25 studies (1744 patients) met the selection criteria. 15 studies compared relapse rates, which were defined in different ways across studies. Statistically significant lower relapse rates were reported for the intervention group than for the control group in 7 of 10 studies at 6–12 months. The median relapse rates across studies was 18% and 44% at 1 year and 33% and 64% at 2 years for the intervention and control groups, respectively. 1 study published in 1997 reported higher relapse rates for the intervention group than for the control group at 6–12 months (42% v 25%). 6 studies compared changes in level of pathology in intervention and control groups. 1 study showed higher remission rates for the intervention group than for the control group (56% v 22% at 9 mo and 67% v 17% at 2 y); 2 studies showed moderate treatment effect sizes of 0.34 and 0.38 on global psychopathology. Data from the other 3 studies were not adequate for drawing conclusions. 2 of 9 studies assessing social functioning outcome showed a moderate to substantial treatment effect size for family intervention (0.54 [estimated in non-relapsed patients only] and 1.43 [in 1 of 2 measures used]); 2 studies reported a small treatment effect size, 2 studies reported no statistically significant differences, and 3 studies had unclear or incomplete data. 14 studies examined the effect of family intervention on family-related variables; various measures were used, which limits the strength and comparability of findings. Most studies assessing psychoeducational and/or behavioural approaches had positive effects, whereas studies assessing other models showed negative results or had substantial methodological weaknesses. Studies in which the intervention was aimed at relatives without the patients present consistently showed negative results. Similarly, studies in which family intervention was provided in the short term (≤10 sessions over <6 mo) did not show long lasting results.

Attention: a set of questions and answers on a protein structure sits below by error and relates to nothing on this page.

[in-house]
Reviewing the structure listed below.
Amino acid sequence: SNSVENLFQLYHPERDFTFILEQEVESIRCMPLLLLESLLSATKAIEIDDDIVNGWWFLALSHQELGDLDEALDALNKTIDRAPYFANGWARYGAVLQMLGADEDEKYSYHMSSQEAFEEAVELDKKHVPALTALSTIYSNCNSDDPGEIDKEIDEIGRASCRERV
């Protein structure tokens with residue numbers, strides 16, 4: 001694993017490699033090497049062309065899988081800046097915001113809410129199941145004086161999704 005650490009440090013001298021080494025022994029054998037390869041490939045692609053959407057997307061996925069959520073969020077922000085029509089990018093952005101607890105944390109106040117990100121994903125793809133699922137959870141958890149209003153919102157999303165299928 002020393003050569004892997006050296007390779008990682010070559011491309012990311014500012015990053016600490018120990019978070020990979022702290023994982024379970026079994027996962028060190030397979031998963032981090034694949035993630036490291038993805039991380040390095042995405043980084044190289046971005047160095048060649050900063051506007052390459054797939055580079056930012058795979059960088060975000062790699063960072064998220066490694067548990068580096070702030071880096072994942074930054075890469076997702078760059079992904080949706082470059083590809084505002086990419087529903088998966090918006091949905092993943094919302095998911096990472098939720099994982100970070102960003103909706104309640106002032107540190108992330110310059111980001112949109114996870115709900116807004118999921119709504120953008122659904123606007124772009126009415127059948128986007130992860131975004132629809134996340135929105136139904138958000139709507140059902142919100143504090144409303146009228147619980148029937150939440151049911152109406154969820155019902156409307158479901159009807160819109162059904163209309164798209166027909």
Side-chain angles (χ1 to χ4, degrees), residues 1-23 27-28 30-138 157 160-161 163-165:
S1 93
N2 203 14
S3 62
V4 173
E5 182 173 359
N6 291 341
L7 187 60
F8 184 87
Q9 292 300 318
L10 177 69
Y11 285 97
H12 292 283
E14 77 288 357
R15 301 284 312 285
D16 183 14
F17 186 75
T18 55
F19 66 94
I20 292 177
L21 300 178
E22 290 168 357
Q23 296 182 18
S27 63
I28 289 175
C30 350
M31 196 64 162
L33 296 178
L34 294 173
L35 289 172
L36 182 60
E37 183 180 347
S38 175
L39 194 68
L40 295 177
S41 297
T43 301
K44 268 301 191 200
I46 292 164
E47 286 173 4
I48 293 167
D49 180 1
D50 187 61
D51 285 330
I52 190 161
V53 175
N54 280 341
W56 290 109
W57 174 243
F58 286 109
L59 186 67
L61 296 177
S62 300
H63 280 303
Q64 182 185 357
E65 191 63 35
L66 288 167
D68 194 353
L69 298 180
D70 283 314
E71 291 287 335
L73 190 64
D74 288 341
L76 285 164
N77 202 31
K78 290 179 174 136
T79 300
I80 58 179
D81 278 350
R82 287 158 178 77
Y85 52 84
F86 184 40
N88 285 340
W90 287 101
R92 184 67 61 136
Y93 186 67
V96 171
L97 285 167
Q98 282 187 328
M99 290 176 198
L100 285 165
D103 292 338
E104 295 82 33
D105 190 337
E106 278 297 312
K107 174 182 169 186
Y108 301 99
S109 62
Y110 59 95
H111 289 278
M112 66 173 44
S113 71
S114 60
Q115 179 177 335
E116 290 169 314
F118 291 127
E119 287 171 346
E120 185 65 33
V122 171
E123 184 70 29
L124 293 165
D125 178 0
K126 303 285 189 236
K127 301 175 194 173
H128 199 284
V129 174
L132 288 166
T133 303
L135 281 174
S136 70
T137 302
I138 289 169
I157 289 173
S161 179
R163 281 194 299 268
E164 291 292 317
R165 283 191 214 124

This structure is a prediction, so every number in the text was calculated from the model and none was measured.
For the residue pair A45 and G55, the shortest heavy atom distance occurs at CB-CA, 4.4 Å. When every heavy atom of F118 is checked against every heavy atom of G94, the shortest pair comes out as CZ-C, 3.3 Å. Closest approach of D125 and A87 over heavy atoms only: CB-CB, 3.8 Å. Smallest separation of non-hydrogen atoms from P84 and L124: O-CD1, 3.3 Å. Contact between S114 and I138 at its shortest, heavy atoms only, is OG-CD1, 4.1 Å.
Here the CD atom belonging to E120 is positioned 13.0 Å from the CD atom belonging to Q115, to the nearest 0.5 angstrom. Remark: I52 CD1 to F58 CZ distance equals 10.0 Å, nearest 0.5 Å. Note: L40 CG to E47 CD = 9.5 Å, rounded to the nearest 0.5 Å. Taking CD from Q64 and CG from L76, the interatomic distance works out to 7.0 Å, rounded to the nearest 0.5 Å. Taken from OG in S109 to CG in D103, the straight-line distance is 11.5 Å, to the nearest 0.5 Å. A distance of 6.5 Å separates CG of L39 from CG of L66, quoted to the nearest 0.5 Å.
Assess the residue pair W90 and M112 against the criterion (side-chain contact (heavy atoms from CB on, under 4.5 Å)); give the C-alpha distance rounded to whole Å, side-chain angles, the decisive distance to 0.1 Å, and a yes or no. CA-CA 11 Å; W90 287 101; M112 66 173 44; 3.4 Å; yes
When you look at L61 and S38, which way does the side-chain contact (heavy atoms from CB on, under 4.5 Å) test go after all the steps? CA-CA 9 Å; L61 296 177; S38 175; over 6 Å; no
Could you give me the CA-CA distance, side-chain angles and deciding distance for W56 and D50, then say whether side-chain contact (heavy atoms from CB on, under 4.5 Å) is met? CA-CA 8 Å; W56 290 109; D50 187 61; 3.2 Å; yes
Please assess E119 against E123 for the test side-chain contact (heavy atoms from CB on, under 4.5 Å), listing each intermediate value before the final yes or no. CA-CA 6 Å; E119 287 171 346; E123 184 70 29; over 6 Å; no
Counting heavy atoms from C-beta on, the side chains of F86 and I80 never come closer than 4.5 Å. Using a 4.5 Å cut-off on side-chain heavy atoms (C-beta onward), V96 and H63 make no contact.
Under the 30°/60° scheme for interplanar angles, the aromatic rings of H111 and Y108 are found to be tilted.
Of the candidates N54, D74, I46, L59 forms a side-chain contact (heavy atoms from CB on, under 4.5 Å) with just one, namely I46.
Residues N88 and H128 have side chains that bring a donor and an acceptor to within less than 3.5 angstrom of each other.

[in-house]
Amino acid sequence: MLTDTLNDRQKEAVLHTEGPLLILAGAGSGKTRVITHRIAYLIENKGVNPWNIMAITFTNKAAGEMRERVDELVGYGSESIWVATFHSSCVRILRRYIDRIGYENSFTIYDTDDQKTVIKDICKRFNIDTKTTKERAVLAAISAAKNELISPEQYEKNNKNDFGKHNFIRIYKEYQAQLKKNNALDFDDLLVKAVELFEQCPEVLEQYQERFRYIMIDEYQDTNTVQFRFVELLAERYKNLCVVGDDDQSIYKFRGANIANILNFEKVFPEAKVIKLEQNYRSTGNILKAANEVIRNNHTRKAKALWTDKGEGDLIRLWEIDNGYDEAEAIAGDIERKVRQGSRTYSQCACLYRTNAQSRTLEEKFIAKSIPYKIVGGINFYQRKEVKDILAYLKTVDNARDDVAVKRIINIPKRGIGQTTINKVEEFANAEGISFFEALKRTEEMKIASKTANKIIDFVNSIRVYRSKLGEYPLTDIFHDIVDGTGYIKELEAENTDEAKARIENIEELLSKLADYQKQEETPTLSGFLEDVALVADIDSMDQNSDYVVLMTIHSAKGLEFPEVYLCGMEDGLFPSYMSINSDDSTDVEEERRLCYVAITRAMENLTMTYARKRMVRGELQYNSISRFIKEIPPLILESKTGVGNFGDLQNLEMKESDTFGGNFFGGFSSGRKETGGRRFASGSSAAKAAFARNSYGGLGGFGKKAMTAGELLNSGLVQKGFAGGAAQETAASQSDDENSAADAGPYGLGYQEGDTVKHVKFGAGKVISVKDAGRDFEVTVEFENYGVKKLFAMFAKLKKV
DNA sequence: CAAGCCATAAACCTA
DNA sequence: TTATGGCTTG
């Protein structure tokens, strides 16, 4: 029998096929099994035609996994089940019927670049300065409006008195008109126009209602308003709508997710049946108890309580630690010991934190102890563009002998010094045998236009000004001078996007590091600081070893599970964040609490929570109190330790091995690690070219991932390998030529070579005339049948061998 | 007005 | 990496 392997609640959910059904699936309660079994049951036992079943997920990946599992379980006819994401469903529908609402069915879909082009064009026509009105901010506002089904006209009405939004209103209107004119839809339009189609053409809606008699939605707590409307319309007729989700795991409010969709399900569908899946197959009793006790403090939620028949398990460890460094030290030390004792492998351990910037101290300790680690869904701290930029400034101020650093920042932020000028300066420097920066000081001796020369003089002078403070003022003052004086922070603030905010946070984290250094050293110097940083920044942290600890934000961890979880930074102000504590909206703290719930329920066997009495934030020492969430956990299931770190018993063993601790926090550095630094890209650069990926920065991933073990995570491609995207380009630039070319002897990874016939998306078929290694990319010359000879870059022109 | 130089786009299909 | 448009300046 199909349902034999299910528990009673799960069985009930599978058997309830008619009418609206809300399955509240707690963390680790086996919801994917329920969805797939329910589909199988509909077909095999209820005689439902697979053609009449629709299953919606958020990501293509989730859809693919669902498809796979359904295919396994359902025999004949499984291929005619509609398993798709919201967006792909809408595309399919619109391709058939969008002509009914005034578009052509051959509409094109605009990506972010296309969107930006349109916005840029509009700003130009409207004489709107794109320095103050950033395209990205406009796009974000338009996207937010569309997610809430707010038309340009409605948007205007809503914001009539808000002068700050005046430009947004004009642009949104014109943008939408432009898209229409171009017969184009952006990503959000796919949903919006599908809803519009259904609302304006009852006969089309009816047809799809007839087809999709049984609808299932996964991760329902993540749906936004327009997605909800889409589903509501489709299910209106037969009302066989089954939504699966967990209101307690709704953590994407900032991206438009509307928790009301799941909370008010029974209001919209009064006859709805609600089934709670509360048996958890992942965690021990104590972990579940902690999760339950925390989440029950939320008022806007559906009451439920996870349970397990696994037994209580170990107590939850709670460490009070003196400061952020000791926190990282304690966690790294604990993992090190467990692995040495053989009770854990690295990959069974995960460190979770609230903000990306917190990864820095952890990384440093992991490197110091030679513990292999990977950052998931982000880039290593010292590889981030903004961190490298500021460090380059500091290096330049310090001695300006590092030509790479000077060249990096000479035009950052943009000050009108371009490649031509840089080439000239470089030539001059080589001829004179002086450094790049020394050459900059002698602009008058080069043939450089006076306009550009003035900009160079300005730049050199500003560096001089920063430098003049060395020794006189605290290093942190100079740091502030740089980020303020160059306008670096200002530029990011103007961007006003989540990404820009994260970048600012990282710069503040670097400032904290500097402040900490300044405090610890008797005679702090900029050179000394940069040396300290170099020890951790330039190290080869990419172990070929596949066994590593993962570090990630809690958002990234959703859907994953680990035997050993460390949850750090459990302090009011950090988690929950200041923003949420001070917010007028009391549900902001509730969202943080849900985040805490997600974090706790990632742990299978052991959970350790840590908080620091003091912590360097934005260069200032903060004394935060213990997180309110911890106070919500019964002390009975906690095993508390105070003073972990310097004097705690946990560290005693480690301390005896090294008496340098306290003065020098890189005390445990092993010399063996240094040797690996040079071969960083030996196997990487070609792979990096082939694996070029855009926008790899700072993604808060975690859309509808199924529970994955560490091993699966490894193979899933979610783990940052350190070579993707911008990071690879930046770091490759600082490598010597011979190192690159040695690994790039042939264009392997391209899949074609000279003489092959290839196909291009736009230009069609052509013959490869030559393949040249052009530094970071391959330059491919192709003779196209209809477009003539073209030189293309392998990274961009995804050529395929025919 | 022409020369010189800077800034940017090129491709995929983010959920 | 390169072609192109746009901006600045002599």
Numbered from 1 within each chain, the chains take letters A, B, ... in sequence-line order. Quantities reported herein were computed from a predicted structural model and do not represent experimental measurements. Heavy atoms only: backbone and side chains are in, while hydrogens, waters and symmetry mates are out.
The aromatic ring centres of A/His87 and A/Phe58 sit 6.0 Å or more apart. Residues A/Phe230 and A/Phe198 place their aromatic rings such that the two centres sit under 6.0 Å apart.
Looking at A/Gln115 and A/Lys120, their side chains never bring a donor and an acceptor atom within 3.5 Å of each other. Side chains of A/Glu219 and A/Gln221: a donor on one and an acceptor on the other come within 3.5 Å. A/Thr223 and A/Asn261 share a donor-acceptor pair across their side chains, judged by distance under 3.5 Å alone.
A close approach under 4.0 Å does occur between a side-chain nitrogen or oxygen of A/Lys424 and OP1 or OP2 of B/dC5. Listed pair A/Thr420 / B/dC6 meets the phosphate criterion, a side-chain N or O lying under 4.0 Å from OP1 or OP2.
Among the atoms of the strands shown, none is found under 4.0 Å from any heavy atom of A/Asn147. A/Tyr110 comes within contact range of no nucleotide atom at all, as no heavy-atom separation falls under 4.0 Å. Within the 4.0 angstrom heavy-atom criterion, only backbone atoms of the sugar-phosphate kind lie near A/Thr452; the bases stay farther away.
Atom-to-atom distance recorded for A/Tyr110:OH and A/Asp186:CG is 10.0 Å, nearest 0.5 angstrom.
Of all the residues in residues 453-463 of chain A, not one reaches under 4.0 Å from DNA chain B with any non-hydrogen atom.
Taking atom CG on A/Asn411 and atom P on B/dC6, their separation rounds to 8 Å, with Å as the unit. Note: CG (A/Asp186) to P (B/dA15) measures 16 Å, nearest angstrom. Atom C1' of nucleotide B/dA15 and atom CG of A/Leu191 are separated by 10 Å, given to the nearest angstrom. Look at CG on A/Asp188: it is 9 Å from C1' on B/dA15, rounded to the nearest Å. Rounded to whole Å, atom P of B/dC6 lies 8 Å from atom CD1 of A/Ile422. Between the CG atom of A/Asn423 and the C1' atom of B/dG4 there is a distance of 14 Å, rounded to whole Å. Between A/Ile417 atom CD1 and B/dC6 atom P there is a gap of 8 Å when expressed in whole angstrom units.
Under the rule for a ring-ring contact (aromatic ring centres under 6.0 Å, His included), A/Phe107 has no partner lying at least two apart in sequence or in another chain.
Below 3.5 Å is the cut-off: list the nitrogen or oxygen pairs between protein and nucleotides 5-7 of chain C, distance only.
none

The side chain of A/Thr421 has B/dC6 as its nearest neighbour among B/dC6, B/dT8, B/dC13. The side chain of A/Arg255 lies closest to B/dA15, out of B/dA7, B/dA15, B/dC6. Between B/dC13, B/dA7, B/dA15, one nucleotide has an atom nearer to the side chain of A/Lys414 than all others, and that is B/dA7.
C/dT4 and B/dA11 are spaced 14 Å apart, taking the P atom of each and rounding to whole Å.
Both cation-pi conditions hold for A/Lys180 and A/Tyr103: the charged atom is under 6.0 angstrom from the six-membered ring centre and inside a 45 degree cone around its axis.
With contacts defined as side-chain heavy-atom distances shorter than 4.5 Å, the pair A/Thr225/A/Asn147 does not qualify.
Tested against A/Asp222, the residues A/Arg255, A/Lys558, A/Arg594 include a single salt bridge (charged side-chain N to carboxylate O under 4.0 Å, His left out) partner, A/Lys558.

In patients with schizophrenia, the addition of family intervention to standard treatment reduces the risk of clinical relapse. Insufficient evidence exists on the effect of family intervention on mental state and social functioning or on family related variables. Successful intervention characteristics are the inclusion of the patient in treatment, long duration, and the use of information and education about the illness.